Revisiting the calls for change after the Parkland shooting
A year after the deadly shooting at Marjory Stoneman Douglas High School, 60 Minutes looks back at the group of survivors who fought to end gun violence
Editor's Note: A year ago Thursday, a gunman killed 14 students and three staff members at Marjory Stoneman Douglas High School in Parkland, Florida. The following month, 60 Minutes' Sharyn Alfonsi spoke with a group of survivors from the school who demanded lawmakers offer more than just "thoughts and prayers" in response to the shooting. Below is a transcript of that story.
By now the story is familiar but no less heartbreaking. On Valentine's Day, a former student walked into Marjory Stoneman Douglas High in Parkland, Florida, pulled an AR-15 out of his duffle bag and began shooting. Students hid in closets and played dead. When it was over 17 people were killed — 14 of them students. In the hours that followed, there were vigils and a string of lawmakers offered their "thoughts and prayers." Then, something different happened. The students of Stoneman Douglas gathered in living rooms and in front of cameras, declaring never again. In less than a month, the teens did what few thought possible, they changed gun laws in Florida and ignited a national movement. We wondered how a generation with a notoriously short attention span plans to hold the nation's attention. You'll hear from them later. But we begin with another classmate who hasn't been seen or heard from since the shooting.
"He told me, 'Dad I got shot.' I just said, 'keep talking to me, ok, don't go. Don't leave me, keep talking to me.'"
This is Anthony Borges. He is 15 years old and should be at soccer practice. But when we met him on Tuesday, he was struggling to breathe. He'd just come off a ventilator the day before. Anthony's father Roger told us his son has had eight surgeries already. Another is being scheduled. He was shot five times just outside his classroom at Stoneman Douglas High.
Sharyn Alfonsi: He was face to face with the shooter?
Roger Borges: Yeah. He got shot in the leg, and he tried to shut the door.
Sharyn Alfonsi: He tried to shut the door?
Roger Borges: In that moment he received another in the back.
The Borges family is from Venezuela. Roger wanted the world to see what happened to his son.
Sharyn Alfonsi: He called you, right?
Roger Borges: Yeah he called me right at the moment he laid down on the floor and he told me 'Dad I got shot'. I just said keep talking to me — ok — don't go– don't leave me– keep talking to me.
Sharyn Alfonsi: And where was he shot?
Roger Borges: Right here. Right here.
One shattered his thigh bone. Another damaged a lung and liver.
Roger Borges: That's a miracle for me.
Sharyn Alfonsi: This is a miracle that he's still alive?
Roger Borges: Yeah.
Sharyn Alfonsi: That he is not number 18
Roger Borges: No. No.
Roger, a handyman, is now praying for another miracle: help paying his son's medical bills. Stories like Anthony's unfold quietly in hospitals after every mass shooting. But what happened in Parkland is different. Instead of retreating into their gated neighborhoods, and asking for privacy or saying it was "too soon" to talk about guns, Parkland decided it was exactly the right moment to talk about guns. It was the students who stepped forward first and said never again. You've probably heard a lot from them over the last month, but we were surprised about what they had to say about the fate of the gunman.
Sharyn Alfonsi: The Florida prosecutor announced today that he's gonna seek the death penalty against Nikolas Cruz. And I just wanna get your thoughts on that. Emma?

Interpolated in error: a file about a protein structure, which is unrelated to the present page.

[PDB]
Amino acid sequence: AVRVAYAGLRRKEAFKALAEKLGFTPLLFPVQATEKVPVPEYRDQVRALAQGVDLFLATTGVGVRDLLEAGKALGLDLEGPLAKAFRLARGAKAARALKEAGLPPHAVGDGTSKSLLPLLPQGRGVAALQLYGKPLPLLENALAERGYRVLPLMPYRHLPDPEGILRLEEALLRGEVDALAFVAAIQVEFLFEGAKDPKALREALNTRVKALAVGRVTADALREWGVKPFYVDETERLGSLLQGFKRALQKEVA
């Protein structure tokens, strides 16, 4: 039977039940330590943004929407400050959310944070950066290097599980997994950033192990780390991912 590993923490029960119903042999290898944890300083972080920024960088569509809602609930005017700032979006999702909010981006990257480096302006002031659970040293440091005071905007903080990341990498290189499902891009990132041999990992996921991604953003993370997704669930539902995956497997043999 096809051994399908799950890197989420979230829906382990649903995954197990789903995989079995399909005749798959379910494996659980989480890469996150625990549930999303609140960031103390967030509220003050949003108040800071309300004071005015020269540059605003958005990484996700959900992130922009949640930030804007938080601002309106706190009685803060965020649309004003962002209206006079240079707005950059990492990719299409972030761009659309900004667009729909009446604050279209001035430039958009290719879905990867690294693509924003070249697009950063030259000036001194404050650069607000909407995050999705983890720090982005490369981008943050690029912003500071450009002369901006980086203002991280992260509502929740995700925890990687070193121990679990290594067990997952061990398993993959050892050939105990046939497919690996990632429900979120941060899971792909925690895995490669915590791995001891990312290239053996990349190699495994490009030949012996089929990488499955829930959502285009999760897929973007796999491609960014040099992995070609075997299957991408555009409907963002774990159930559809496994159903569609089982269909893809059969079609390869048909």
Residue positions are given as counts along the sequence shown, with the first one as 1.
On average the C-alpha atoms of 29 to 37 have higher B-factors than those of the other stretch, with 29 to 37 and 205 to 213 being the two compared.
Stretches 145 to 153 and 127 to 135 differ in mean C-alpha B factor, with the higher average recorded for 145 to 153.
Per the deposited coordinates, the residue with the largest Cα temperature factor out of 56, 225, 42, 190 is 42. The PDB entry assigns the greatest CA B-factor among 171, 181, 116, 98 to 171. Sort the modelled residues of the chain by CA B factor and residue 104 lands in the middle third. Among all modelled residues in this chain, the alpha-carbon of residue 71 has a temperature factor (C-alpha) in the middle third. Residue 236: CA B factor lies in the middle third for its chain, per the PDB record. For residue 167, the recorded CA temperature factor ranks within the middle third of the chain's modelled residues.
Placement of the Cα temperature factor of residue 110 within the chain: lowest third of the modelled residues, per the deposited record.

Emma Gonzalez: Good.
Sharyn Alfonsi: Good why?
Emma Gonzalez: Good that he's seeking the death penalty for Nick Cruz.
Cameron Kasky: I don't wanna think about Nick Cruz. I think the more we think about him, the more he wins. That being said, in a way I disagree with Emma. Let him rot forever.
Sharyn Alfonsi: Let him rot in jail.
David Hogg: I wanna see him rot forever as Cameron just said, but when we pursue the death penalty, this will be kept in the media for much longer.
Jaclyn Corin: I just don't want him to get what he wants. I want him to suffer no matter what.
Alex Wind: The death of one person, as terrible of a person as he is, cannot outweigh the death of the 17.
"I was born months after Columbine. I'm 17 years old, and we've had 17 years of mass shootings."
Alex Wind, a self-described theater geek, Jaclyn Corin, the junior class president, student reporter David Hogg, and senior Emma Gonzalez started what they call the never-again movement in Cameron Kasky's living room. In the hours after the attack, filled with grief but fueled with anger and armed with their phones, the teenagers got to work. First, they set off a firestorm of tweets, many aimed at lawmakers. They said yes to almost every interview request and used social media to organize a student-led protest at the state capitol. In three weeks, they'd convinced Florida's Republican Governor Rick Scott to defy the National Rifle Association, something that hasn't happened in Florida in 20 years.
Sharyn Alfonsi: The new Florida law raises the age to buy a rifle to 21. It introduces a three-day waiting period on gun sales, and it makes more money available for mental health services. Give us a grade on what's been accomplished.
Cameron Kasky: C.
David Hogg: I was gonna say C-minus.
Jaclyn Corin: We can't praise them for doing what they've done because that wouldn't have stopped what happened at our school.
Cameron Kasky: That being said the Florida bill is much more impressive than that embarrassing Stop School Violence Act that they're pushing in D.C. which is just a bunch of hot air, fluff. Doesn't use the word gun once when all these tragedies, again, the one thing that has linked them together is the gun.
On Saturday, they're hoping a half million people will join them to march in Washington. They want Congress to ban military-style rifles along with the kind of high-capacity magazines that were used in Las Vegas, and at Sandy Hook.
Sharyn Alfonsi: I know I can't help but think. "Sandy Hook happened. Those parents made it their life's mission to try to get some real change. What makes you think that you guys could do more? That this could be different?
Alex Wind: The thing about it is we are the generation that's had to be trapped in closets, waiting for police to come or waiting for a shooter to walk into our door. We are the people who know what it's like first-hand.
Cameron Kasky: We're the mass shooting generation.
Sharyn Alfonsi: "We're the mass shooting generation."
Cameron Kasky: I was born months after Columbine. I'm 17 years old, and we've had 17 years of mass shootings.